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What should you be feeding your toddler?

By: Roma Patel

Determining which foods are considered “healthy” isn’t easy nowadays. I often catch myself in any given aisle googling – “is this healthy?” According to a recent annual Food and Health survey, about eight in 10 survey respondents said they have found conflicting information about what foods to eat and what foods to avoid — and more than half of them said the conflicting information has them second-guessing the choices they make. We recently chatted with Amy Palanjian, the creator of Yummy Toddler Food. She’s a magazine editor and writer, a recipe developer, and mama of two girls and knows a thing or two about nutrition:

As parents, what should we look out for on food labels?

When I look at a label, I first keep in mind the context for the food. If it’s an ingredient for a meal that will be paired with other foods, I don’t stress if there’s not a balanced mix of carbohydrates, fats, fiber, and protein. If it’s a stand-alone snack, I like there to be that balance since it helps to keep the kids fueled and on an even keel a little longer. I keep an eye that added sugars are minimal, especially for food that’s being served for kids under two, but I don’t mind sugars from natural sources like fruit and dairy. And I think the ingredient list often provides more information than the nutrition label—can you identify the ingredients? Do you want your kids to eat them? That tells me a lot more than a set of numbers, which can be arbitrary if your child eats a serving that’s a different size than what’s on the label. (And I’m a big believer in letting the kids decide how hungry they are!)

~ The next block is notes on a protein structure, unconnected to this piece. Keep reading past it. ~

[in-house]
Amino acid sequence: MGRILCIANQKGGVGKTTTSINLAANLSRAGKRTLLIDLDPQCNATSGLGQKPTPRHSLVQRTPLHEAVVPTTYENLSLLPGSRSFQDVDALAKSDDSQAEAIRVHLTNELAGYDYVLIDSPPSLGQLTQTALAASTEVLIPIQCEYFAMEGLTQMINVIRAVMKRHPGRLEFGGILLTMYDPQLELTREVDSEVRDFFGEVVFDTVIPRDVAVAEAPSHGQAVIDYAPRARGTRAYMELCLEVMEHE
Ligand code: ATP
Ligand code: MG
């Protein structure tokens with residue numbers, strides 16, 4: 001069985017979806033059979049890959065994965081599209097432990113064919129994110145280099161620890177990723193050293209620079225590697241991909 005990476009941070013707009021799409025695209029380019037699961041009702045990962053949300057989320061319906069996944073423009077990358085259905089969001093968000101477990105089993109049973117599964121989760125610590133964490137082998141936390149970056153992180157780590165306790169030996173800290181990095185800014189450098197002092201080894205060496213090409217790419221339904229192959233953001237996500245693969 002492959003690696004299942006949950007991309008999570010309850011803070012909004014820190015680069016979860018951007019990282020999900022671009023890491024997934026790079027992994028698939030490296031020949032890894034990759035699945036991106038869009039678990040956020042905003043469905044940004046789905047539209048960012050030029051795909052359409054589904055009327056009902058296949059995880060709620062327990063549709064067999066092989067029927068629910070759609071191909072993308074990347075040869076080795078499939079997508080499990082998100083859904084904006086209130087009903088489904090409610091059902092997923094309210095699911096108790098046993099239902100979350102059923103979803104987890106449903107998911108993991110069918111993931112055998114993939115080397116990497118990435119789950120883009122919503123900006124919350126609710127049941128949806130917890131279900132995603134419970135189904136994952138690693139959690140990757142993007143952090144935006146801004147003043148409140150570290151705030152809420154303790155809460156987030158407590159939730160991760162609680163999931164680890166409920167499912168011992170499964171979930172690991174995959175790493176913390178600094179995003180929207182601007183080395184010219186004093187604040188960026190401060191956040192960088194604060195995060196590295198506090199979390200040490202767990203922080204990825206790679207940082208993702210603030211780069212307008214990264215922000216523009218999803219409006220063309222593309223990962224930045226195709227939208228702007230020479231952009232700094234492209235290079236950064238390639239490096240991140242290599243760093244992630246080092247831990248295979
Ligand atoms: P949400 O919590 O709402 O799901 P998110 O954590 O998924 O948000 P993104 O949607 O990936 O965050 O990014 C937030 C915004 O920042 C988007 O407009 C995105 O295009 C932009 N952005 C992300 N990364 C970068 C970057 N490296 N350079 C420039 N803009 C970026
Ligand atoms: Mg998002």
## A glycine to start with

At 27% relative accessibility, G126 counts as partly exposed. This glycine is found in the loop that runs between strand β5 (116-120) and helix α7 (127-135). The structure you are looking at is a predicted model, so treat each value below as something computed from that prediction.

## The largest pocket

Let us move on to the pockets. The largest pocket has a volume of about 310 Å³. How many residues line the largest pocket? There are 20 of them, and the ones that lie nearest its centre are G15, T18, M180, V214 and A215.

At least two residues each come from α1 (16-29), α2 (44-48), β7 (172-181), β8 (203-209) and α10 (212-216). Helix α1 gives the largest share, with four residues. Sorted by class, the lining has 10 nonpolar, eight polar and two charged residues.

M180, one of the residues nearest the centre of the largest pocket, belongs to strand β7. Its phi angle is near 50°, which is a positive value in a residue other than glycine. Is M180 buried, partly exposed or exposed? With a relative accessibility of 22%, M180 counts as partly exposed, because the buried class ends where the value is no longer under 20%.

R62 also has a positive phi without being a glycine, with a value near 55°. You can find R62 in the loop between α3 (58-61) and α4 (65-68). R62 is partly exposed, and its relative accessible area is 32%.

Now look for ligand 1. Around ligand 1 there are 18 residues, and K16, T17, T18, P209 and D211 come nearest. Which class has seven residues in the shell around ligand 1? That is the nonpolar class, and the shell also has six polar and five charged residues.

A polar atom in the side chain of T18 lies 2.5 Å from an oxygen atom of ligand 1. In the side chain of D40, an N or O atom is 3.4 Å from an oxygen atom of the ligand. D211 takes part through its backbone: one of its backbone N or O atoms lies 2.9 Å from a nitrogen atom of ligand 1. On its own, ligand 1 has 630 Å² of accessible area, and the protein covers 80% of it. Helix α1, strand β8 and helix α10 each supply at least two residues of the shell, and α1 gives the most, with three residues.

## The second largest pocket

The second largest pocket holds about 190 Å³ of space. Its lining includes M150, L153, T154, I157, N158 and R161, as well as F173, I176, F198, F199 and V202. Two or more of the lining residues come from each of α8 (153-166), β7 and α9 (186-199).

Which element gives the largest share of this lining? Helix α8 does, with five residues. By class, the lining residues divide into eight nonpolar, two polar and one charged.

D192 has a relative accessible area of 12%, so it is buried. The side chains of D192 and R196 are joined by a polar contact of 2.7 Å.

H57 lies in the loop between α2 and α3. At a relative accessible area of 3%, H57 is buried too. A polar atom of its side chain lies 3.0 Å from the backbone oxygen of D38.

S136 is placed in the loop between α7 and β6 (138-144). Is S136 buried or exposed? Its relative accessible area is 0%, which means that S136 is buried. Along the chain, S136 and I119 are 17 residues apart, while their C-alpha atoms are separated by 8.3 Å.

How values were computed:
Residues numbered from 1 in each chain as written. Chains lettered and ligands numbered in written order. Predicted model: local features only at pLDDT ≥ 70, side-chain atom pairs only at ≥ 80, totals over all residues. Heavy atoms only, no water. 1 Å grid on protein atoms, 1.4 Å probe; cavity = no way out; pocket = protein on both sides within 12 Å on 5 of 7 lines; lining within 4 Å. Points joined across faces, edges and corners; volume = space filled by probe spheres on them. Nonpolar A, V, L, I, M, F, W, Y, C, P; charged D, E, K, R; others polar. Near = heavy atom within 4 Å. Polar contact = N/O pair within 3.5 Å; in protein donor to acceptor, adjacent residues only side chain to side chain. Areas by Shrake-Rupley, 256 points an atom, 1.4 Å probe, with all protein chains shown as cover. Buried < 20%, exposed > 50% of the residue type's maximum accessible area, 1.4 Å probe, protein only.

How do we best make decisions based on the Total Fat, Daily Fat, and Serving Size?

I think we use it as part of the story. They can be helpful to look at so you can aim to serve a range of foods to your kids over the course of a week. Kids under two actually need about half of their calories to come from fat to help their little brains develop, which is why it’s recommended that they eat full-fat dairy products. For serving size, remember that your child may or may not eat or drink the whole thing—and that’s okay. By providing a healthy mix of foods and letting the kids decide how much to eat of it, we’re letting them stay in touch with their own hunger cues which will be so helpful as they grow. (Read more about this feeding approach called Division of Responsibility.)

Are there specific ingredients you suggest parents avoid when buying for their toddlers?

I personally try to avoid excess added sugars and ingredients that we can’t pronounce. The more you are able to read and understand an ingredient list, the more you can know what you’re feeding your kids.

What’s your opinion on organic vs. non-organic? Are their specific foods you suggest purchasing organic?

I find this topic to be so divisive and it so doesn’t have to be! I don’t make broad recommendations to my readers because this is dependent on so many different issues—access, cost, and values. We try to support local farmers when we can. We try to buy locally produced foods when we can. And we try to buy organic to help support that industry and that value set, but we also live in a very small town without great access to all of these things. We look for milk that’s produced without added hormones and often buy organic, but I’m not a stickler about it. Do the best with the circumstances you are in. And when it comes to organic vs conventional produce, in my mind, produce is better than no produce, so buy whatever kind you can afford to enjoy!

About Amy Palanjian:

Amy founded Yummy Toddler Food after realizing feeding toddlers is a huge challenge and it can be so (SO!) stressful—and she loves to offer reassurance, encouragement, easy recipes, and tips that make feeding toddlers feel more manageable. Amanda’s work has appeared in publications including FamilyFun, Parents, Better Homes & Gardens, AllRecipesBon Appetit, Real Simple, and more. Learn more by visiting Yummy Toddler Food.

 

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